By Elizabeth Randolph
Friday, March 9, 2001
A proposed bankruptcy law moves custodial parents owed child support up to number one in line for payment. Yet, critics say the change is smoke and mirrors, with debt to credit card companies gaining the same status as child support obligations.
(WOMENSENEWS)--The Senate is debating a bankruptcy bill that critics say would pit custodial parents, most often women, who are trying to collect child support against credit card companies.
The bill, the Bankruptcy Abuse Prevention and Consumer Protection Act of 2001, passed earlier this week in the House 306-108, with 18 abstentions. The female members of Congress were almost split, with 20 voting for the bill and 24 against it and only one not voting.
Senate debate is expected to continue next week.
Supporters say the bill would put custodial parents ahead in their quest to receive the money they're owed. But critics described the bill as smoke and mirrors. What you see is not what you get, according to over 30 women- and family-oriented organizations, including the Children's Defense Fund, the Feminist Majority Foundation, National Organization for Women, National Women's Law Center, National Youth Law Center and NOW Legal Defense and Education Fund. (Women's Enews is a project of NOW Legal Defense.)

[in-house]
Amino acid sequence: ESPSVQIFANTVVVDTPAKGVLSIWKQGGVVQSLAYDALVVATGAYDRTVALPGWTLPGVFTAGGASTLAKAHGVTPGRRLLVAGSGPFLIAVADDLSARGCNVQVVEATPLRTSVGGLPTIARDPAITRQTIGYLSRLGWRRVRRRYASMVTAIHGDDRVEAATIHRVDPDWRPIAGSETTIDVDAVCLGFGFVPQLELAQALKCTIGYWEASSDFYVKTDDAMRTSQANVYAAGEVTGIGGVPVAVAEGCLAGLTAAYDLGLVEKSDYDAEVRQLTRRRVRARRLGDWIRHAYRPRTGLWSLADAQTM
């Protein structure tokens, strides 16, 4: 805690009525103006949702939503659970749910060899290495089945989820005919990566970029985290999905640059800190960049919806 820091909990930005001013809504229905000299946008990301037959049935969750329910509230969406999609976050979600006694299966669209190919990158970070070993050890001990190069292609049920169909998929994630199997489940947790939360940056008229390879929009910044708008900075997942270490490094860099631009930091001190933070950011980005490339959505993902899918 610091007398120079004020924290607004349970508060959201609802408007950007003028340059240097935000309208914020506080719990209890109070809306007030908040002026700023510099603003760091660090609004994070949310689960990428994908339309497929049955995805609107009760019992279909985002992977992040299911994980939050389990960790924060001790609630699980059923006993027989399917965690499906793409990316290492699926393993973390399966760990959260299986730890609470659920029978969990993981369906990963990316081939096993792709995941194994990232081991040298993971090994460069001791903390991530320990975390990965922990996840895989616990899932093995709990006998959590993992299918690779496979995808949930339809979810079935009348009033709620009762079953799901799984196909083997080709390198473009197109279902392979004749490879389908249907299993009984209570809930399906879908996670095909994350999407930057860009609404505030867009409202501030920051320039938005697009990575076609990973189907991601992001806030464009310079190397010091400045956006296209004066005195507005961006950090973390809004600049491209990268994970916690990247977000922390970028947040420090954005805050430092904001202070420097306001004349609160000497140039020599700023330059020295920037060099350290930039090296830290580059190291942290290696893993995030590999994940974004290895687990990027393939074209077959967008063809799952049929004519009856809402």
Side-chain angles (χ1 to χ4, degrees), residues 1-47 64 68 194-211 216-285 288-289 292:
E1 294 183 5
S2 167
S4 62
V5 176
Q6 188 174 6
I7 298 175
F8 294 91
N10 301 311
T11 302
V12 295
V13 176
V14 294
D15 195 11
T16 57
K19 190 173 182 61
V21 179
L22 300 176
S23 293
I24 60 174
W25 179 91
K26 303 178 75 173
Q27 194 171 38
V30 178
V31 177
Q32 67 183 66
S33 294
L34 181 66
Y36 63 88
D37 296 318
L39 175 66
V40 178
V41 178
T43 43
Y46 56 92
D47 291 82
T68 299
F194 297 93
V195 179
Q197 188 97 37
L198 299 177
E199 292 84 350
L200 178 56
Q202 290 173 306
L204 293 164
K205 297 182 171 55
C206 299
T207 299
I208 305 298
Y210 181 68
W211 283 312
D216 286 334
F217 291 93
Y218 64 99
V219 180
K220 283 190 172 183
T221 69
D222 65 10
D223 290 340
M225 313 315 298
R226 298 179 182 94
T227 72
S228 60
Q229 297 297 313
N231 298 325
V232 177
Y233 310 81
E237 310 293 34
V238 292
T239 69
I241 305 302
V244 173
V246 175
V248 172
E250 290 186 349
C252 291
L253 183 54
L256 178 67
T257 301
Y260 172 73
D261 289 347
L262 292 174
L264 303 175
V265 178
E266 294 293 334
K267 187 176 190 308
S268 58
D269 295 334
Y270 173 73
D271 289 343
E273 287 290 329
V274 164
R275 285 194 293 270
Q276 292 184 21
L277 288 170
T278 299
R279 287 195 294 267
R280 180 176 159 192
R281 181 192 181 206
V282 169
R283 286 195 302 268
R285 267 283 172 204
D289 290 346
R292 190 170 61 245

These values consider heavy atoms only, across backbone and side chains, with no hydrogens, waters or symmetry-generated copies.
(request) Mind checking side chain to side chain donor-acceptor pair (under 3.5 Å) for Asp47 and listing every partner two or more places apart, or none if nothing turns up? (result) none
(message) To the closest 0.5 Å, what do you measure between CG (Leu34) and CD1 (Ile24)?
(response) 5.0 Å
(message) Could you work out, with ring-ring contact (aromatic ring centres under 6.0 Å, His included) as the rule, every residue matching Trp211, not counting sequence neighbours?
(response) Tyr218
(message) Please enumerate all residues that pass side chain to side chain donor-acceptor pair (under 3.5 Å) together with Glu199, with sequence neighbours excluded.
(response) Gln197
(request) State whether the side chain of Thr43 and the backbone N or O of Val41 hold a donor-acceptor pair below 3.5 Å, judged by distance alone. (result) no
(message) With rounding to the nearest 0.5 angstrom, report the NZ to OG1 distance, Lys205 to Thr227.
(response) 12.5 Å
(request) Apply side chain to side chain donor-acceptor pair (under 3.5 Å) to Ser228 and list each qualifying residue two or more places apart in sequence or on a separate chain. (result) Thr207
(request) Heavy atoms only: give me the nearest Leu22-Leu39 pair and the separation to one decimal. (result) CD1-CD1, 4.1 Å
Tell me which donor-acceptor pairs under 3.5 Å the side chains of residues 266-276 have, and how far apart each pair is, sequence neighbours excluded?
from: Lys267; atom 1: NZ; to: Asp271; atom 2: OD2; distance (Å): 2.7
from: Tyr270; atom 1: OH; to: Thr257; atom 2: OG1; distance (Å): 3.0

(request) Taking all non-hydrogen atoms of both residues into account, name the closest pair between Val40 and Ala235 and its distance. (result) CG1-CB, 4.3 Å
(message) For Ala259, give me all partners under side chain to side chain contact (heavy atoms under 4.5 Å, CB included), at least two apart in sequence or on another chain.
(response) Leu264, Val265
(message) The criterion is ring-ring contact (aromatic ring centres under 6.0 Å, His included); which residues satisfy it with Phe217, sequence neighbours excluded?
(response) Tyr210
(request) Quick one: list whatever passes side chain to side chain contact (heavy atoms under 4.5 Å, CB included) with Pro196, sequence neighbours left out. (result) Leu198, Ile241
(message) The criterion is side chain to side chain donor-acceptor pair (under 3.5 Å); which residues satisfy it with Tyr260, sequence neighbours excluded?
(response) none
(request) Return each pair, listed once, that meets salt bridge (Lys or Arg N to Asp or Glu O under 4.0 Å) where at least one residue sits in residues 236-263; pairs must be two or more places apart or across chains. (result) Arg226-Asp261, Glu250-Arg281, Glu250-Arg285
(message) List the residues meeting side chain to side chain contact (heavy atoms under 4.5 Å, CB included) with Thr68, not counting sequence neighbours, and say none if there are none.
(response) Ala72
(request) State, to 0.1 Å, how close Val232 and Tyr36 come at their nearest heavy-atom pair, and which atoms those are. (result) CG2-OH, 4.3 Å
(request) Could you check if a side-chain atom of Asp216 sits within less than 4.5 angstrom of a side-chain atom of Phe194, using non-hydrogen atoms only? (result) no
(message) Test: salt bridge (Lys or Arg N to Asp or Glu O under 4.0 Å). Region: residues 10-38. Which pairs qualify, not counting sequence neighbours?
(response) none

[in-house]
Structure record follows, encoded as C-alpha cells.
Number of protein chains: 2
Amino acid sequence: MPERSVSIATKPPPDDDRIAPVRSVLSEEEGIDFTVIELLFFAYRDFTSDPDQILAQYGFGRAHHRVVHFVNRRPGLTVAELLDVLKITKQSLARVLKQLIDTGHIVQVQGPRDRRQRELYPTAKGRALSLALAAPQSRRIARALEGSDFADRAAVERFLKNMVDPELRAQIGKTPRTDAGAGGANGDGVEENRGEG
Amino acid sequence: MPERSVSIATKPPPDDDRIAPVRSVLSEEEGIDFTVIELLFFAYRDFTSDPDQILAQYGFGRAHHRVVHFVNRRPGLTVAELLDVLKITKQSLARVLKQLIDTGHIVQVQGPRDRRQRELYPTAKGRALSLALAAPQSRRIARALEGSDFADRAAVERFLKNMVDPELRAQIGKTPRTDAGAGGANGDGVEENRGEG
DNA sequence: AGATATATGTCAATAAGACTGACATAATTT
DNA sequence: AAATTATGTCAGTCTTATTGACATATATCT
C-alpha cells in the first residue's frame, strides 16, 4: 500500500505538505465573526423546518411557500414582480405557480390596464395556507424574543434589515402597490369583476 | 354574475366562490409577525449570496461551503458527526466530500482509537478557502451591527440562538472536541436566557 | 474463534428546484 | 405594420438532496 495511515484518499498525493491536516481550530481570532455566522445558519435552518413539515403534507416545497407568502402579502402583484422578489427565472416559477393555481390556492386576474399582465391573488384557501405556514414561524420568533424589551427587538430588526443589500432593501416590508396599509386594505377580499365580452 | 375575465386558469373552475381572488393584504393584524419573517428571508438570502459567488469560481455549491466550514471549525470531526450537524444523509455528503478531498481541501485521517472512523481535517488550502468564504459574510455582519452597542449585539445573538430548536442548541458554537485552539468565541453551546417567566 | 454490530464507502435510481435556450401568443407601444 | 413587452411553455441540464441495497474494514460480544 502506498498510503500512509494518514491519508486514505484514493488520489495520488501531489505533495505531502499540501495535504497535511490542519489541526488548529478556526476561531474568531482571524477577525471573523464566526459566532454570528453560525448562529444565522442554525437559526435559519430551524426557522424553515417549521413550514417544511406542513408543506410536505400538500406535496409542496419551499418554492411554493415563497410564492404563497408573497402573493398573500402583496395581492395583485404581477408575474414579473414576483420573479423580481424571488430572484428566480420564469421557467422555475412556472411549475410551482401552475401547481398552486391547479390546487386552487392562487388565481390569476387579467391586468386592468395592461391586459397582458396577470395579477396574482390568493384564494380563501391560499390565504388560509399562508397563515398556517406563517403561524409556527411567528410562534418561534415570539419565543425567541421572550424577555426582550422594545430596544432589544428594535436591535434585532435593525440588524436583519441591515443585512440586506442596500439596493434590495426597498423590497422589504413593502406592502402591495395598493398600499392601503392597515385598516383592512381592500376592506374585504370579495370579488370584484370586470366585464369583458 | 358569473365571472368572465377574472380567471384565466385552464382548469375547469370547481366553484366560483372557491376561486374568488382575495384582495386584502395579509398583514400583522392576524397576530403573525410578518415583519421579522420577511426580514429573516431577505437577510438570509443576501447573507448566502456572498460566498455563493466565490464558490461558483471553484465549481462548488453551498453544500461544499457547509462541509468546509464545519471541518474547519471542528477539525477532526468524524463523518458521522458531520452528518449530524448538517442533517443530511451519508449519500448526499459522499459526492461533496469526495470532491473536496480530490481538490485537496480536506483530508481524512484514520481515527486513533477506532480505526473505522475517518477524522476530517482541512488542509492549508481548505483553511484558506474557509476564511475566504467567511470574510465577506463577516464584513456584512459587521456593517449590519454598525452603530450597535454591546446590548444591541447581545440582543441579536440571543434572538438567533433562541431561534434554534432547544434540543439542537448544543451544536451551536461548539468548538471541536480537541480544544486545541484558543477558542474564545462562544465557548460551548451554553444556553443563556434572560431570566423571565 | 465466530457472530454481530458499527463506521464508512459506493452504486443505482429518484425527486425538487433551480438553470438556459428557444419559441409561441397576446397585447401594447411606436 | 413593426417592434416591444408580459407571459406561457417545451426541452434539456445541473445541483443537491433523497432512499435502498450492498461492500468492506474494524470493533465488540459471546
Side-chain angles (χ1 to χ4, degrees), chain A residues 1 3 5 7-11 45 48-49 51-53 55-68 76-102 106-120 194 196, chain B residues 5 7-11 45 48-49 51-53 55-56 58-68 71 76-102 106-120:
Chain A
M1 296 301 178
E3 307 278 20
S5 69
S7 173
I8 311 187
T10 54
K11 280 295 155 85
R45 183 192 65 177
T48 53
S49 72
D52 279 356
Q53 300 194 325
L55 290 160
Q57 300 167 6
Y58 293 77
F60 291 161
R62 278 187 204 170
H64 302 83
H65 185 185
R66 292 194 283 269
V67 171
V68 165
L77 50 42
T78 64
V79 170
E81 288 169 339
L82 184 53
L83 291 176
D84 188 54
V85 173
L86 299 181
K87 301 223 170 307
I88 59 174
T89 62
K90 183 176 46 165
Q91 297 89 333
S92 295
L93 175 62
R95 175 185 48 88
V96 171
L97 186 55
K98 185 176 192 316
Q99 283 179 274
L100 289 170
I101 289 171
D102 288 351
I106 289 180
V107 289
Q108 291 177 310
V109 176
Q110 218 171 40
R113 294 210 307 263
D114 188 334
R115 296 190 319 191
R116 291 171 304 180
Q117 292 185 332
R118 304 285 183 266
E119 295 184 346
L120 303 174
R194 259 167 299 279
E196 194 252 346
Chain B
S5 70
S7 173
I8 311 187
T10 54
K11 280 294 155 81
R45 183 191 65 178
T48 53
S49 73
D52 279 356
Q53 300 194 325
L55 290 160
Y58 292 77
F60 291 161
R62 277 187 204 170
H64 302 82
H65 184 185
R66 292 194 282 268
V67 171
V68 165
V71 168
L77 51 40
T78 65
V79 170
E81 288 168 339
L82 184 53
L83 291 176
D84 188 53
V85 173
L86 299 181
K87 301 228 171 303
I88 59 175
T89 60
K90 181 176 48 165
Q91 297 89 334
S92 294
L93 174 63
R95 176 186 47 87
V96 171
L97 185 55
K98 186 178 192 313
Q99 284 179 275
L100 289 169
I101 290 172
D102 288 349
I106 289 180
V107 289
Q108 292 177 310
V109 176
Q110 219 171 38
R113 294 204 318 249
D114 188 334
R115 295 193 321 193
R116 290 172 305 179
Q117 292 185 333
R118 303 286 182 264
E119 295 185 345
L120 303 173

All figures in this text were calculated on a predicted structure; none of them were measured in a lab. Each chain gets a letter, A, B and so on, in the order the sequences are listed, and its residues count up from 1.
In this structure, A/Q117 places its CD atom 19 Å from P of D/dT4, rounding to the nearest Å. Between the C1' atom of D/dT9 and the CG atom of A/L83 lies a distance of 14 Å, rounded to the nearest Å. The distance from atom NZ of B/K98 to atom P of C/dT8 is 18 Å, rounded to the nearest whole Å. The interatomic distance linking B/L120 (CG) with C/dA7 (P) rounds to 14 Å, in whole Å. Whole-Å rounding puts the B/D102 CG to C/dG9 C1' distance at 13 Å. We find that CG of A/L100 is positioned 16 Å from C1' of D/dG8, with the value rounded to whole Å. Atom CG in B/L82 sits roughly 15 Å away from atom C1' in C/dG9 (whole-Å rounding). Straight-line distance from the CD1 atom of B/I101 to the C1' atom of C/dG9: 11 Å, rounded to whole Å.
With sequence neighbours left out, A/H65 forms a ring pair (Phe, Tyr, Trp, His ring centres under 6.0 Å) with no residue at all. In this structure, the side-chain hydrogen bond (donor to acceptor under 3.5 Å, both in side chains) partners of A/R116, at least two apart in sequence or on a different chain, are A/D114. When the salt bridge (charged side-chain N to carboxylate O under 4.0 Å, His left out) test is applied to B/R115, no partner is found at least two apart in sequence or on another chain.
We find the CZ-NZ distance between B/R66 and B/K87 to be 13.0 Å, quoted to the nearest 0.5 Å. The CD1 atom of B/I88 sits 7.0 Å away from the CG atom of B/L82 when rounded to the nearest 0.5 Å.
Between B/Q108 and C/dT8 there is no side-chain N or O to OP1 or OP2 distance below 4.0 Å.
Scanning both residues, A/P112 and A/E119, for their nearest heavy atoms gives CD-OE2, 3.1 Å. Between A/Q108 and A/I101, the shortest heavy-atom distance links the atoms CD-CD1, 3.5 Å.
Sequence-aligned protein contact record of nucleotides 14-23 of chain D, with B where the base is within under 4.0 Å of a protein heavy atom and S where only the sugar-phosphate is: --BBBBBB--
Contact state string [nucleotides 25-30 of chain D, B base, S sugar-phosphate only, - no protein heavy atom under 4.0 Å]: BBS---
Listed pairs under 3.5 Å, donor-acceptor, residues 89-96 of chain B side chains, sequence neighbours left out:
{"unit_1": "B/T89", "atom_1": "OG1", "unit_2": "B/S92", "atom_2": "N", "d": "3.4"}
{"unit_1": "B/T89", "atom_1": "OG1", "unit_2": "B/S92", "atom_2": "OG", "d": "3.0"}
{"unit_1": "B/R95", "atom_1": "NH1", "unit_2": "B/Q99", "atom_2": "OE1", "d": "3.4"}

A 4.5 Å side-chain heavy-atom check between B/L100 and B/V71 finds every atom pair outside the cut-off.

Since 1903, child support debts have survived bankruptcy, that is, the debtor still must pay the bill regardless of the bankruptcy. The new bill accords this same status to credit card companies as well. So when an absentee parent emerges from bankruptcy, credit card companies will compete with child support for the debtor's new income.
The U.S. Census, in 1997, reported that only 67.4 percent of parents who were due child support received part or full payment of what was due.
Two Democratic House members said they voted against the bill because it places custodial parents in the same position as credit card companies.
The proposed bankruptcy law "does not sufficiently protect the financial priorities of so many struggling families, women and children," said Rep. Nita Lowey, D-N.Y.